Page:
Letters to the editor -
I write this letter concerning the federal government's summer student program. Students, small business owners and not-for-profit agencies benefit from this program during the summer months.
In the case of small business, half of the student salary up to 35 hours per week is paid by the program. Employers pay their share of Canada Pension and Employment Insurance.
Many business owners are familiar with the cumbersome application process that Service Canada saw fit to launch a few years ago. There was a major public outcry from not-for-profit agencies and small business owners, as many people were denied students. Politicians were beseiged with phone calls, the open line shows bombarded with calls and, because of this, the program was re-visited and more students were awarded jobs.
Fast forward to the summer of 2010. The number of weeks for the program was reduced from eight weeks to seven, and now Service Canada is calling employers to question how summer jobs were posted and if attempts were made by the businesses to hire within the application guidelines. In my opinion, this is an attempt by Service Canada to screen more business out, reduce the budget and eventually eliminate the program. Therefore, students and business owners must begin lobbying government to change the application process.
This is a case of a generic application that does not necessarily apply to rural areas of the country. Yes, we indicate in the application that we will hire according to the guidelines, however if the pool of students isn't available to choose from, should we then be denied a position and more importantly, should a student in rural Newfoundland be denied a job?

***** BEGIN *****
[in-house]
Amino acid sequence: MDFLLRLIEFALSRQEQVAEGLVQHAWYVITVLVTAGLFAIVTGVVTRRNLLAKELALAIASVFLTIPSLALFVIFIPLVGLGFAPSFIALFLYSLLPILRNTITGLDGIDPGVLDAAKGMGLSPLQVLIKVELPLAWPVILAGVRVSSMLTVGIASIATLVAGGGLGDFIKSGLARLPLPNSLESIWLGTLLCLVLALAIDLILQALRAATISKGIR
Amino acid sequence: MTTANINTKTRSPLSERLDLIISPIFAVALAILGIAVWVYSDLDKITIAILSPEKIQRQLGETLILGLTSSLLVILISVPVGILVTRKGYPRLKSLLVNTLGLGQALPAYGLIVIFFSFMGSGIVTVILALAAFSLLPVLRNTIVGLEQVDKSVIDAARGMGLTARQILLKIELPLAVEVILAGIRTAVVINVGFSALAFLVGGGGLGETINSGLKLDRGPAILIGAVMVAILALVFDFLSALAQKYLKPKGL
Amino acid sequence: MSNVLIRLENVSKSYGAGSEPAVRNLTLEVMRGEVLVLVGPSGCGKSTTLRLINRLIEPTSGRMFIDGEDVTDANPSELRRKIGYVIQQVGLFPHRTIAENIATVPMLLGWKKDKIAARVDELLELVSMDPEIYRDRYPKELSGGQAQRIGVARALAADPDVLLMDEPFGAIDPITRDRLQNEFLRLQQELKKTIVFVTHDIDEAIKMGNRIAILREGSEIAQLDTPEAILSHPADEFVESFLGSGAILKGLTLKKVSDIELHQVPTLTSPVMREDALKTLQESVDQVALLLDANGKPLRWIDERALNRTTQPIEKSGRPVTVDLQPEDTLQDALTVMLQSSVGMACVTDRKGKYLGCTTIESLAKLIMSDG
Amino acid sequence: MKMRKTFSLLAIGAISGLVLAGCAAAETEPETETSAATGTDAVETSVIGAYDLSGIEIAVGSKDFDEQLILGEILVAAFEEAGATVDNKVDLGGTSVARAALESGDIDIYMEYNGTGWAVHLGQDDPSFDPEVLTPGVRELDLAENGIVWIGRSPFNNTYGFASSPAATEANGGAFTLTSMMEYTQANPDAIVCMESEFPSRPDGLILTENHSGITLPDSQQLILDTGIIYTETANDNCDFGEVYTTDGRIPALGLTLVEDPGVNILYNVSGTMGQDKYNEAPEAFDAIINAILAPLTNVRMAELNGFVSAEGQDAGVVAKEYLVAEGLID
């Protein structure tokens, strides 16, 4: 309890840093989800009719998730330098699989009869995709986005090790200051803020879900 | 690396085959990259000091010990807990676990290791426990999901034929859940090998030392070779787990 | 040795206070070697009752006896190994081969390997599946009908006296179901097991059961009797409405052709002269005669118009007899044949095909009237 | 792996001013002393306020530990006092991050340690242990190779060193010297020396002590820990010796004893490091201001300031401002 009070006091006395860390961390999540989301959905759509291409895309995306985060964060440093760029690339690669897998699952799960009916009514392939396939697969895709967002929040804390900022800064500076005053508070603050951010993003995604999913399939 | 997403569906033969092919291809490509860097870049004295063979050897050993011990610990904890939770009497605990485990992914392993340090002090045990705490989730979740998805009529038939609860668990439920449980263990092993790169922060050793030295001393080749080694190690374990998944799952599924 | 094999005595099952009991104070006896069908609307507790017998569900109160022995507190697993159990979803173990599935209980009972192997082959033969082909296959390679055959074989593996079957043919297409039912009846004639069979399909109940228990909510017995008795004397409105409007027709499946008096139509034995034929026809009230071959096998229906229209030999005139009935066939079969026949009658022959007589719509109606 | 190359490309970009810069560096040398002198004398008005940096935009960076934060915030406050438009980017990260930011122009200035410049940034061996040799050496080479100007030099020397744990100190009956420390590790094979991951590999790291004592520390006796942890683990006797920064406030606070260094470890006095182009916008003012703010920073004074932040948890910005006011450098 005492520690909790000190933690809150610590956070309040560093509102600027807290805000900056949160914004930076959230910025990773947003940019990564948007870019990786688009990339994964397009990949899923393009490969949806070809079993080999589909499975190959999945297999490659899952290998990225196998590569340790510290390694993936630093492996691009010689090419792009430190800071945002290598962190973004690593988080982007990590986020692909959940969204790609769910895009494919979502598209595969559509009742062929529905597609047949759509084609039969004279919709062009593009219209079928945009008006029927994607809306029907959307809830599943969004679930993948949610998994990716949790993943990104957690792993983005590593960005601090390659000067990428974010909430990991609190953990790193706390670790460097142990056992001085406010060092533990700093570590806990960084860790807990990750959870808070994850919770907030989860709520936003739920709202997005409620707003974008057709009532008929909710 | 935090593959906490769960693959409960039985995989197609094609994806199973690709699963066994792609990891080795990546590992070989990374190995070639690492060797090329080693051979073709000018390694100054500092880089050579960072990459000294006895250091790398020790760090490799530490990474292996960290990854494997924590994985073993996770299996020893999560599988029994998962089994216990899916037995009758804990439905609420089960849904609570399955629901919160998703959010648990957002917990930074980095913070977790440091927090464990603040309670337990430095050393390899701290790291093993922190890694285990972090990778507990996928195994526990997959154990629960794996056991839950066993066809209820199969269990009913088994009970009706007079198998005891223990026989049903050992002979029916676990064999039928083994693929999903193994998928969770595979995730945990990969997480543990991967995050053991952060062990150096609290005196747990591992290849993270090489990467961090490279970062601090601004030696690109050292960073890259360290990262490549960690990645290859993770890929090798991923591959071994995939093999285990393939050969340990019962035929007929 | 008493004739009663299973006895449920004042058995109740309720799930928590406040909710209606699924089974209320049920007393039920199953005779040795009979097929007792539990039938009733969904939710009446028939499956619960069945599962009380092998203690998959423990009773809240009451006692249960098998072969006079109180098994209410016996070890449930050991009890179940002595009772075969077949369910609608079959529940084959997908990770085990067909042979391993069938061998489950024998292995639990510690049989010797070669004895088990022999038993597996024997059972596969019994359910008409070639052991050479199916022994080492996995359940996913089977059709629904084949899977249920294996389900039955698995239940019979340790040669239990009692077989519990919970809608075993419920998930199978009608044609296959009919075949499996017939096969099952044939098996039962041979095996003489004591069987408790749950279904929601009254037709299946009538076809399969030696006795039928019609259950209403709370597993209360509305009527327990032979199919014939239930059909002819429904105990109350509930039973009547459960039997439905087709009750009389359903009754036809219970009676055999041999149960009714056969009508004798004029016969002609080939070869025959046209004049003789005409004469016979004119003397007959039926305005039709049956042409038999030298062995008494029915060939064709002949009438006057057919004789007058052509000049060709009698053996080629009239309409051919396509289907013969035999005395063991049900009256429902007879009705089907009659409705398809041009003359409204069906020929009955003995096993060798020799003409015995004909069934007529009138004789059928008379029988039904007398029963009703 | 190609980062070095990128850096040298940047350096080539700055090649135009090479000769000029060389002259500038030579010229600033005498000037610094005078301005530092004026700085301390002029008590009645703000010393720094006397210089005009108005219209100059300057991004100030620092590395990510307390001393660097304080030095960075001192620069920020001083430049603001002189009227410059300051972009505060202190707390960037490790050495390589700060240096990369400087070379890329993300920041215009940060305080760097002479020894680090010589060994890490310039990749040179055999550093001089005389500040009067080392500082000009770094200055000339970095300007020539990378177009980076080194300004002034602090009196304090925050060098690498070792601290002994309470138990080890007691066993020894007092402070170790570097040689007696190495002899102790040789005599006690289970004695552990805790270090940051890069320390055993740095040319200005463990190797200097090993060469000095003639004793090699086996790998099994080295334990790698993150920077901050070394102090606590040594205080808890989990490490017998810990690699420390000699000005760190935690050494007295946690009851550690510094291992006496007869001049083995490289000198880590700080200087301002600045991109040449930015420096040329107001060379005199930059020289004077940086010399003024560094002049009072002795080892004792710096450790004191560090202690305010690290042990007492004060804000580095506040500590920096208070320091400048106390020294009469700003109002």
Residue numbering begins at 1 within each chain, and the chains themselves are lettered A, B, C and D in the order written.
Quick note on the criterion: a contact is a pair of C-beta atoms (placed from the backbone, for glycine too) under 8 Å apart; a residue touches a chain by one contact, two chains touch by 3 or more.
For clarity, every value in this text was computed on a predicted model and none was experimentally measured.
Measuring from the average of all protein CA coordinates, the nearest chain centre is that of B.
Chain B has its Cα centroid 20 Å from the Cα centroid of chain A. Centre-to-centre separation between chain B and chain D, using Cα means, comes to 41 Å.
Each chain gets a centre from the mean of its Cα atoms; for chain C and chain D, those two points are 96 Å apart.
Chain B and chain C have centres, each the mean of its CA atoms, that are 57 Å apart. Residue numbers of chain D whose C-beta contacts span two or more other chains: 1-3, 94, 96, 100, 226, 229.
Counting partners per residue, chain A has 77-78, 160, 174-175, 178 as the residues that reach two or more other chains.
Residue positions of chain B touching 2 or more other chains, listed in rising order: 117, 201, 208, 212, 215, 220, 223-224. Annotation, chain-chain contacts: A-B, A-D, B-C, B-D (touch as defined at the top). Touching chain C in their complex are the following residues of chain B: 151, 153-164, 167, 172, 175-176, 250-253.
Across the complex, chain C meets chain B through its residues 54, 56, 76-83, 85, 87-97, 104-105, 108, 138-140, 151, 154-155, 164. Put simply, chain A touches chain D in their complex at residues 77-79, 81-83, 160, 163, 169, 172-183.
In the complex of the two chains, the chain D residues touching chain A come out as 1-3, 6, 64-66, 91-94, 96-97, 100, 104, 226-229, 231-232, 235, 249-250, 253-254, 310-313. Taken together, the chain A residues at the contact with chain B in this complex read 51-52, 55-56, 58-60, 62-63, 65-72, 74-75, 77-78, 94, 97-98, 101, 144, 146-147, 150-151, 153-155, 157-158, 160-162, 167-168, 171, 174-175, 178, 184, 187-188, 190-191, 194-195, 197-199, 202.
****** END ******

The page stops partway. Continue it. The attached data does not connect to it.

There has to be some consideration given to the business, as well. In my case, I re-hired a student who worked with me under the Canada Summer Job Program in 2009. This student, while young, is an excellent fit for my business and has plans to attend cooking school. Service Canada disagrees with my decision. The person I spoke with at Service Canada would not comment on how many other businesses had been contacted to question their application and subsequent hire of a student.
Officials who administer this program would be much better served if they visited these students in their work environment, interviewed them and observe the valuable skills they gain from summer work. The provincial government's summer work program is a straightforward process. The application process is simple to complete, students receive a tuition voucher and client service officers have visited students in the workplace. Obviously, the provincial government realizes the value of having students find employment during the summer.
As vice president of the Irish Loop Chamber of Commerce, I have requested the board of directors to arrange a meeting with MP Scott Andrews to discuss this program. I urge students, business owners and other chambers of commerce to do likewise.
J.A. Devine Witless Bay